Knowing why something is not a good idea can be almost as important as knowing why a choice is the correct path. A good example is in the nutrition world. Americans are looking at more dietary options and variations than ever before, eager to find products that help support their dietary lifestyle, and one of the foods we’re turning to in almost ubiquitous quantities are protein bars. But are these protein bars actually healthy?
A recent article in Parade attempted to provide some direction on protein bars, and what to look for if you decide to incorporate into your diet. Some of the factors or ingredients recommended by dietitians who were interviewed for the article include:
- Choose a bar that has 10 grams or more of protein
- Pay attention to the quality of nutrients, especially the first few as those are going to be the highest percentage of the bar
- Don’t think about protein bars as a meal replacement, as they will likely not keep you satisfied and might cause binging or additional snacking
- Consider partnering a protein bar with some other nutrients, like seeds, nuts or greens, to improve the nutrient density
- If you do turn to a bar for a meal replacement, choose a bar that packs 200 – 500 calories and consider bars that offer some additional benefits, such as immune support, inflammation blocking, minerals for cognitive health, etc.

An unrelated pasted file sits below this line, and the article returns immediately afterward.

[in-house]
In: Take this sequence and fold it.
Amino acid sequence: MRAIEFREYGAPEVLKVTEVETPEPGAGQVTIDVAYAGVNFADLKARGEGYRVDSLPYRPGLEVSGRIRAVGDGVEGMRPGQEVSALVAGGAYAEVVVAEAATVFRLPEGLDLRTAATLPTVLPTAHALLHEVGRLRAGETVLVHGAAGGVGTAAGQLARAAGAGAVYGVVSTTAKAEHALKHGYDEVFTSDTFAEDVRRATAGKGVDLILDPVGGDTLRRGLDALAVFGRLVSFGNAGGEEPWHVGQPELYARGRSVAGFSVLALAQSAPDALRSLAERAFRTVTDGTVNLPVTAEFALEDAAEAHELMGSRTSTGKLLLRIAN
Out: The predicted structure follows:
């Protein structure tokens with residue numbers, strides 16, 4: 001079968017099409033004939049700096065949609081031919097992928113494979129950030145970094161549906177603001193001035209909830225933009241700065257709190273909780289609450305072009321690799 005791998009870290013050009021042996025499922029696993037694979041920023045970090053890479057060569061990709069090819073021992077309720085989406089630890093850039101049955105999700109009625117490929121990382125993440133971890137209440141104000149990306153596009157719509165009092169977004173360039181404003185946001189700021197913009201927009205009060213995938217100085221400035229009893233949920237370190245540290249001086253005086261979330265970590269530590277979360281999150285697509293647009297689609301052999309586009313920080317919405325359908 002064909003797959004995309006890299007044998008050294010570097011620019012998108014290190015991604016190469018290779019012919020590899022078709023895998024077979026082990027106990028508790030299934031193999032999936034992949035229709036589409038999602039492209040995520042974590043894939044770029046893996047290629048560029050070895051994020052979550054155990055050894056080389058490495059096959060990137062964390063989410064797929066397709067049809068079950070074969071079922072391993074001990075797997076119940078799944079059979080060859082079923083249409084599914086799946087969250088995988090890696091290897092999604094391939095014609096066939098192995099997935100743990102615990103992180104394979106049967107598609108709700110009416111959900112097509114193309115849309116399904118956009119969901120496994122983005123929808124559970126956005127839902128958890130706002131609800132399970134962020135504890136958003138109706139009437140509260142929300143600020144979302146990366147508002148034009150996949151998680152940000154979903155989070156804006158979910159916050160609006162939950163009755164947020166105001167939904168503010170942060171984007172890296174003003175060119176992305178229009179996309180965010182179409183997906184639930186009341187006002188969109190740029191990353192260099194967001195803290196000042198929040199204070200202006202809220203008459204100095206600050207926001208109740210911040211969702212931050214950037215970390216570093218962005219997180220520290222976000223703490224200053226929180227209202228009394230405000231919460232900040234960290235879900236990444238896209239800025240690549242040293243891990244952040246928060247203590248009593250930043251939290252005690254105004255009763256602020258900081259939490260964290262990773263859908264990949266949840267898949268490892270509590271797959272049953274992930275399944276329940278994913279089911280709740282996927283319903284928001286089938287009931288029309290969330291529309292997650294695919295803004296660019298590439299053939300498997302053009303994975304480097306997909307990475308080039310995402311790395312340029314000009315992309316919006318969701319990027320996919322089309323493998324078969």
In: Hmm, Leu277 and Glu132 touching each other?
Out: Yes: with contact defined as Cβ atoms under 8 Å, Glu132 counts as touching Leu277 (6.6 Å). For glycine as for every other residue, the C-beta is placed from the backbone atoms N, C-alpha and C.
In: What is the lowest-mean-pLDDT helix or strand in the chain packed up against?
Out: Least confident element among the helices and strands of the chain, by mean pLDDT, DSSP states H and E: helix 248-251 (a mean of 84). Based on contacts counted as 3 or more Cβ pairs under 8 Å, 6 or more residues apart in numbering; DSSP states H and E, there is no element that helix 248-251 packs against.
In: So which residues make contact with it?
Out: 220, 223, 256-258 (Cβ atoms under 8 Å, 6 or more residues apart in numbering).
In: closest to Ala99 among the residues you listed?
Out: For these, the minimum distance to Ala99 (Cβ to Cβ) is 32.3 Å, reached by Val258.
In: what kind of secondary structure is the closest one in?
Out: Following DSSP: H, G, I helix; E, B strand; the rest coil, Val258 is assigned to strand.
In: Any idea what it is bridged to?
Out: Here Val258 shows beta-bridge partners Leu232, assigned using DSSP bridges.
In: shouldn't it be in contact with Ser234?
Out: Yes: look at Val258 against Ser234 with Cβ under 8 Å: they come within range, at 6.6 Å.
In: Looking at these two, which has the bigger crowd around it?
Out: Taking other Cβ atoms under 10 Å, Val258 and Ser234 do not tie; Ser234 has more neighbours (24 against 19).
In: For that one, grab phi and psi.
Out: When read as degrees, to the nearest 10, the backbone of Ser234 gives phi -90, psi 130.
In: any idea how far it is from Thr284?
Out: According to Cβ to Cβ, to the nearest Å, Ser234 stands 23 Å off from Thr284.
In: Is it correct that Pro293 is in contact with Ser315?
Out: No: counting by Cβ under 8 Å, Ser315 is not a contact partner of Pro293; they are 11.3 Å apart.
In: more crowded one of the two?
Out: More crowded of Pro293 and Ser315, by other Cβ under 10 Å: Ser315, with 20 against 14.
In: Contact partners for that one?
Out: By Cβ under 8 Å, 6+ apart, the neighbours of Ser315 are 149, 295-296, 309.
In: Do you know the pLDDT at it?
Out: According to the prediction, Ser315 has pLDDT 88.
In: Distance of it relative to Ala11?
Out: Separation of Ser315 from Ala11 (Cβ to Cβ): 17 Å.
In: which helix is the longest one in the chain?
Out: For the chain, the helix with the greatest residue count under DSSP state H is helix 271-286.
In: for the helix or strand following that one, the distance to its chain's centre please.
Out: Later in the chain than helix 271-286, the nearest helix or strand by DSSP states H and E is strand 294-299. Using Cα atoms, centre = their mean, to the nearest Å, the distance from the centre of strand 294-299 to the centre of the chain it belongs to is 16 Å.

In addition to the above advice, I would add five important considerations:
- Protein Quality Matters. Complete proteins should be your first choice, especially like a high quality whey protein isolate. While soy protein is considered a complete protein, you need to be aware of GMO and hormonal risks that would make me look at other options. As for pea protein, while it is technically complete, it is light in certain amino acids, so the best way to take it is when it is partnered with other plant-based proteins that complete the protein profile.
- Avoid the GI issues. Tapioca starch, chicory root fiber and soluble corn fiber are examples of fillers that are used to add fiber and create the bar format so it holds together. They are also used as ways to talk about “net” carbs as they will be considered fiber, so get subtracted from the total carb amount. Don’t be fooled. Tapioca starch and soluble corn fiber will likely affect your insulin levels and chicory root fiber has a long history of causing GI issues.
- Keep it Natural. If, for example, you choose a peanut butter & chocolate bar, look at the peanut butter ingredients. Just peanuts and sea salt? Ok. If it has sugar and/or seed oils, walk away. Same thing with the chocolate.
- Easy on the Sugar Substitute. Cheap ingredients like maltitol are atrocious for metabolic health, so stay away. Sucralose is used quite a bit for low-carb options, but has a lot of risks. It is a much poorer sugar replacement that has even been shown to increase blood glucose and insulin levels while decreasing insulin sensitivity…exactly what we DON’T want! Look for more natural options like monk fruit or stevia leaf extract. Regardless of which one you choose, make sure it’s at the tail end of the ingredient panel to ensure a low dose.